At the touch Mr. Chichester started and, uttering an exclamation, turned savagely; then Barnabas struggled to his knees, and pinning his wrist with one hand, twisted the pistol from his grasp with the other and, as Mr. Chichester sprang to his feet, faced him, still upon his knees, but with levelled weapon.

  "Don't shoot!" cried a voice.

  "Shoot?" repealed Barnabas, and got unsteadily upon his legs. "Shoot——no, my hands are best!" and, flinging the pistol far out into the River, he approached Mr. Chichester, staggering a little, but with fists clenched.

  "Sir," cried the voice again, "oh, young sir, what would you do?"

  "Kill him!" said Barnabas.

  "No, no——leave him to God's justice, God will requite him——let him go."

  "No!" said Barnabas, shaking his head. But, as he pressed forward intent on his purpose, restraining hands were upon his arm, and the voice pleaded in his ear:

  "God is a just God, young sir——let the man go——leave him to the Almighty,"

  And the hands upon his arm shook him with passionate entreaty. Therefore Barnabas paused and, bowing his head, clasped his throbbing temples between his palms and so, stood a while. When he looked up again, Mr. Chichester was gone, and the Apostle of Peace stood before him, his silver hair shining, his pale face uplifted towards heaven.

  "I owe you——my life!" said Barnabas.

  "You are alive, young sir, which is good, and your hands are not stained with a villain's blood, which is much better. But, as for me——God pity me!——I came here to-night, meaning to be a self-murderer——oh, God forgive me!"

  "But you——asked for——a sign, I think," said Barnabas, "and you——live also. And to-night your pilgrimage ends, in Clemency's loving arms."

  "Clemency? My daughter? Oh, sir,——young sir, how may that be? They tell me she is dead."

  "Lies!" said Barnabas, "lies! I spoke with her tonight." The Apostle of Peace stood a while with bowed head; when at last he looked up, his cheeks were wet with tears.

  "Then, sir," said he, "take me to her. Yet, stay! You are hurt, and, if in my dark hour I doubted God's mercy, I would not be selfish in my happiness——"

  "Happiness!" said Barnabas, "yes——every one seems happy——but me."

  "You are hurt, young sir. Stoop your head and let me see."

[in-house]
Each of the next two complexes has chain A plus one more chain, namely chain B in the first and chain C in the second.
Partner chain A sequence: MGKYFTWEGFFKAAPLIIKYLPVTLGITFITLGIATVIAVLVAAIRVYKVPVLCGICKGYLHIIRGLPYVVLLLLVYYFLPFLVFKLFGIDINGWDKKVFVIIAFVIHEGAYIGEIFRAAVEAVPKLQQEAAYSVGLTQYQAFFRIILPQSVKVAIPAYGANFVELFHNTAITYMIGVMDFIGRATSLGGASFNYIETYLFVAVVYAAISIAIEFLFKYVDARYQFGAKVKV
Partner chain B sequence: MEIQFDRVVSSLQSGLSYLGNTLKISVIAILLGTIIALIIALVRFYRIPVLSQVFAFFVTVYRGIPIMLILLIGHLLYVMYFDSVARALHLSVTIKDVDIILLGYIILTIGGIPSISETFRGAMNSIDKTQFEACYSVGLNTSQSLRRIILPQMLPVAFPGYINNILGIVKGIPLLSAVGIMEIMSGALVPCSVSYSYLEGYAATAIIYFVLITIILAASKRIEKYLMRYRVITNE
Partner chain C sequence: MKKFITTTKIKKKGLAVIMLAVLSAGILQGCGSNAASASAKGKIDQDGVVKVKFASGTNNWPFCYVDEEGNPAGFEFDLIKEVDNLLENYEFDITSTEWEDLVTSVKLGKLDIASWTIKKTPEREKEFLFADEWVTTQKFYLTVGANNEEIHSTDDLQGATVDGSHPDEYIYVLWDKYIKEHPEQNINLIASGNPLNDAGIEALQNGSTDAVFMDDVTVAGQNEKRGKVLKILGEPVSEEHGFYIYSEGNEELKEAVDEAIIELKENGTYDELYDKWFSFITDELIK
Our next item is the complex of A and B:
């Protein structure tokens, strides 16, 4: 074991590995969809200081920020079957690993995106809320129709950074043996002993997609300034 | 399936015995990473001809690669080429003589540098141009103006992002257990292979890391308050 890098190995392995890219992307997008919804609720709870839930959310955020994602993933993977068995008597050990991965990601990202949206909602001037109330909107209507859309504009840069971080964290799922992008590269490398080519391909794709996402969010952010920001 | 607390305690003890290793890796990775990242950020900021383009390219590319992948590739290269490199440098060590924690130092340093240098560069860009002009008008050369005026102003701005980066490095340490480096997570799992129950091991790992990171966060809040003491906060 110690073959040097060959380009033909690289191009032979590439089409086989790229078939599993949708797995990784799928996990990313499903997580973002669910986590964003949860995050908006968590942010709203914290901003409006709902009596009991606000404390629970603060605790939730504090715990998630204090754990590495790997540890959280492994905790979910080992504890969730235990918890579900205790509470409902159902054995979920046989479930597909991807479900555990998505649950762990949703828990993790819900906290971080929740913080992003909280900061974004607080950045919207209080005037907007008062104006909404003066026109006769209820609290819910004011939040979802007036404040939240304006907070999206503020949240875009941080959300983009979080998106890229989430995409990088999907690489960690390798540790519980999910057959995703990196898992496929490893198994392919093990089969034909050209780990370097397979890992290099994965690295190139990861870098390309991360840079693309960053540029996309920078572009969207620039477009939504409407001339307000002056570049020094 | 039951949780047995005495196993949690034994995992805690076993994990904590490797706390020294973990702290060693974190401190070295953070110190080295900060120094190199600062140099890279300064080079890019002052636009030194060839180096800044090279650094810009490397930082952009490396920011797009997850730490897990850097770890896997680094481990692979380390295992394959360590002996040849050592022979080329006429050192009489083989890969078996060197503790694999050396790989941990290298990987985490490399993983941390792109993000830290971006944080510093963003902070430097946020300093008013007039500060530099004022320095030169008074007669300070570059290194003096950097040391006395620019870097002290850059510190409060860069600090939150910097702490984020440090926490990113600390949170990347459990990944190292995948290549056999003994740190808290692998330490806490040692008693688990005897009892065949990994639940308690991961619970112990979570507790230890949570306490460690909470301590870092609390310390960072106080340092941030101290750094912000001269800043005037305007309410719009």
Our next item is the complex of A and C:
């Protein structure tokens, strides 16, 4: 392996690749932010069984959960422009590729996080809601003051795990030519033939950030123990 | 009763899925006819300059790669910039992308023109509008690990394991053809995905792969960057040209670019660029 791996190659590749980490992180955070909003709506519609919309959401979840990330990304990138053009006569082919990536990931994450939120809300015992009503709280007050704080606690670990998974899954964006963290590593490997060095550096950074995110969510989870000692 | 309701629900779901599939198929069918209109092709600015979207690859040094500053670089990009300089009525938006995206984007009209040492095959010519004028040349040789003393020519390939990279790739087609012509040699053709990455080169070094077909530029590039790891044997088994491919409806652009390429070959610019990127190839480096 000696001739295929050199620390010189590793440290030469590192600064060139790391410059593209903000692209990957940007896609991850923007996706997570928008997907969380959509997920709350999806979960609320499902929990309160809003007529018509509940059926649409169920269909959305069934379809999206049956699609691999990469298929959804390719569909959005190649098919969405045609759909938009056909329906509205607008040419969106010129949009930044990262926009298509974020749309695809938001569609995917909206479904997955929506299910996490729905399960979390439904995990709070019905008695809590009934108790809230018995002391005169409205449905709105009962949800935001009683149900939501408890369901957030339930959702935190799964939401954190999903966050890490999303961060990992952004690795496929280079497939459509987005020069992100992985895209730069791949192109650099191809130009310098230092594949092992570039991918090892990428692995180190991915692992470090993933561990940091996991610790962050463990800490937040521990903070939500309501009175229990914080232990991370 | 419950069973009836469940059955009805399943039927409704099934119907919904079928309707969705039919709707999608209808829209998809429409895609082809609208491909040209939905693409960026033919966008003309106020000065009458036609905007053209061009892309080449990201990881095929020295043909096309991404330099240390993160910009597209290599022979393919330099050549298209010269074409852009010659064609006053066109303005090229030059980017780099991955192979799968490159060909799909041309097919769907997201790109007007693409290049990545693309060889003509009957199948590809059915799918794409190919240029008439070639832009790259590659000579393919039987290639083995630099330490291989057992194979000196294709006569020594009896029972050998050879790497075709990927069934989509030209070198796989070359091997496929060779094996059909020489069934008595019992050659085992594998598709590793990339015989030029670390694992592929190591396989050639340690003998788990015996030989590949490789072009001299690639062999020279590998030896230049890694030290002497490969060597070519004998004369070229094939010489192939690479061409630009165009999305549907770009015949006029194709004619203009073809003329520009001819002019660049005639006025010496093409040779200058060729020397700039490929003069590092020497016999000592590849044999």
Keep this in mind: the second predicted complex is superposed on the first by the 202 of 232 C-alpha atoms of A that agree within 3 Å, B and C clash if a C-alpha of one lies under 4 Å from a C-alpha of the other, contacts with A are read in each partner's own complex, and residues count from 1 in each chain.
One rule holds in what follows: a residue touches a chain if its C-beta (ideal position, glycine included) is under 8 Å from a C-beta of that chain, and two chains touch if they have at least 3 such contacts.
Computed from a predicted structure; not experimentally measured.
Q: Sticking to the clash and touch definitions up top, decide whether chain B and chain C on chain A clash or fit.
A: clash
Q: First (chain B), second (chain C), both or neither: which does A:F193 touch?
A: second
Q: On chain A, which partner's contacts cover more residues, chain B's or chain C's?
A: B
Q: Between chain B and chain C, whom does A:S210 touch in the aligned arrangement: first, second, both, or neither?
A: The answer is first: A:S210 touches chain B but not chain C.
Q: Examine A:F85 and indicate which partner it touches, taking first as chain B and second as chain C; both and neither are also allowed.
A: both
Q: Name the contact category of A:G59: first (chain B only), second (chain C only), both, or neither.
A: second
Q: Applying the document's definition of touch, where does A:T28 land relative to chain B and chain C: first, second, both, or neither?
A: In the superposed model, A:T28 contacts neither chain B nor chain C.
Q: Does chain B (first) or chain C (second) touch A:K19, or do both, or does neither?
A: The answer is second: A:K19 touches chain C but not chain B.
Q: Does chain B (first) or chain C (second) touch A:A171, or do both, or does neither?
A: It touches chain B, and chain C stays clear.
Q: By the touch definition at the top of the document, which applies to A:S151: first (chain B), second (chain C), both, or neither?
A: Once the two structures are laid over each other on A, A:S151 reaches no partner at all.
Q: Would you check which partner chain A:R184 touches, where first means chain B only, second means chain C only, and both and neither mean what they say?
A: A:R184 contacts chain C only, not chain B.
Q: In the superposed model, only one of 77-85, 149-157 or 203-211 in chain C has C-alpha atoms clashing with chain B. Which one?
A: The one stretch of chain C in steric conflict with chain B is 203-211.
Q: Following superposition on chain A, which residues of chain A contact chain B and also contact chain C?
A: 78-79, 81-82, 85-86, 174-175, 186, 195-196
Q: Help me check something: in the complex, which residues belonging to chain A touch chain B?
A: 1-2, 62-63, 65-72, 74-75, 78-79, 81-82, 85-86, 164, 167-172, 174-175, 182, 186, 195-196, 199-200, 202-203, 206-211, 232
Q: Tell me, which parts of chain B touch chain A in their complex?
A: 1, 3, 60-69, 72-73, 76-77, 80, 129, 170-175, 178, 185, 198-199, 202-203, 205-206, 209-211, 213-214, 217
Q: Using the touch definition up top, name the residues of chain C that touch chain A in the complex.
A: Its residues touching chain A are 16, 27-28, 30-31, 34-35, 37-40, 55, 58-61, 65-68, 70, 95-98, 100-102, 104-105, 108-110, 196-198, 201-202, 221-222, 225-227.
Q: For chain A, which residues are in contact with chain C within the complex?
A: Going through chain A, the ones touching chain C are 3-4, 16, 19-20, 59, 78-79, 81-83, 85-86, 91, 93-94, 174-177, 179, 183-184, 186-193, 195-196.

"No," sighed Barnabas, "I'm well enough. Come, let me take you to Clemency."

  So, without more ado, they left that dreary place, and walked on together side by side and very silent, Barnabas with drooping head, and his companion with eyes uplifted and ever-moving lips.

  Thus, in a while, they turned into the narrow court, and reaching the door of Nick the Cobbler, Barnabas knocked and, as they waited, he could see that his companion was trembling violently where he leaned beside him against the wall. Then the door was opened and Clemency appeared, her shapely figure outlined against the light behind her.

  "Mr. Beverley," she exclaimed, "dear brother, is it you——"

  "Yes, Clemency, and——and I have kept my promise, I have brought you——" But no need for words; Clemency had seen. "Father!" she cried, stretching out her arms, "oh, dear father!"

  "Beatrix," said the preacher, his voice very broken, "oh, my child, ——forgive me——!" But Clemency had caught him in her arms, had drawn him into the little shop, and, pillowing the silvery head upon her young bosom, folded it there, and so hung above him all sighs, and tears, and tender endearments.

  Then Barnabas closed the door upon them and, sighing, went upon his way. He walked with lagging step and with gaze ever upon the ground, heedless alike of the wondering looks of those he passed, or of time, or of place, or of the voices that still wailed, and wrangled, and roared songs; conscious only of the pain in his head, the dull ache at his heart, and the ever-growing doubt and fear within him.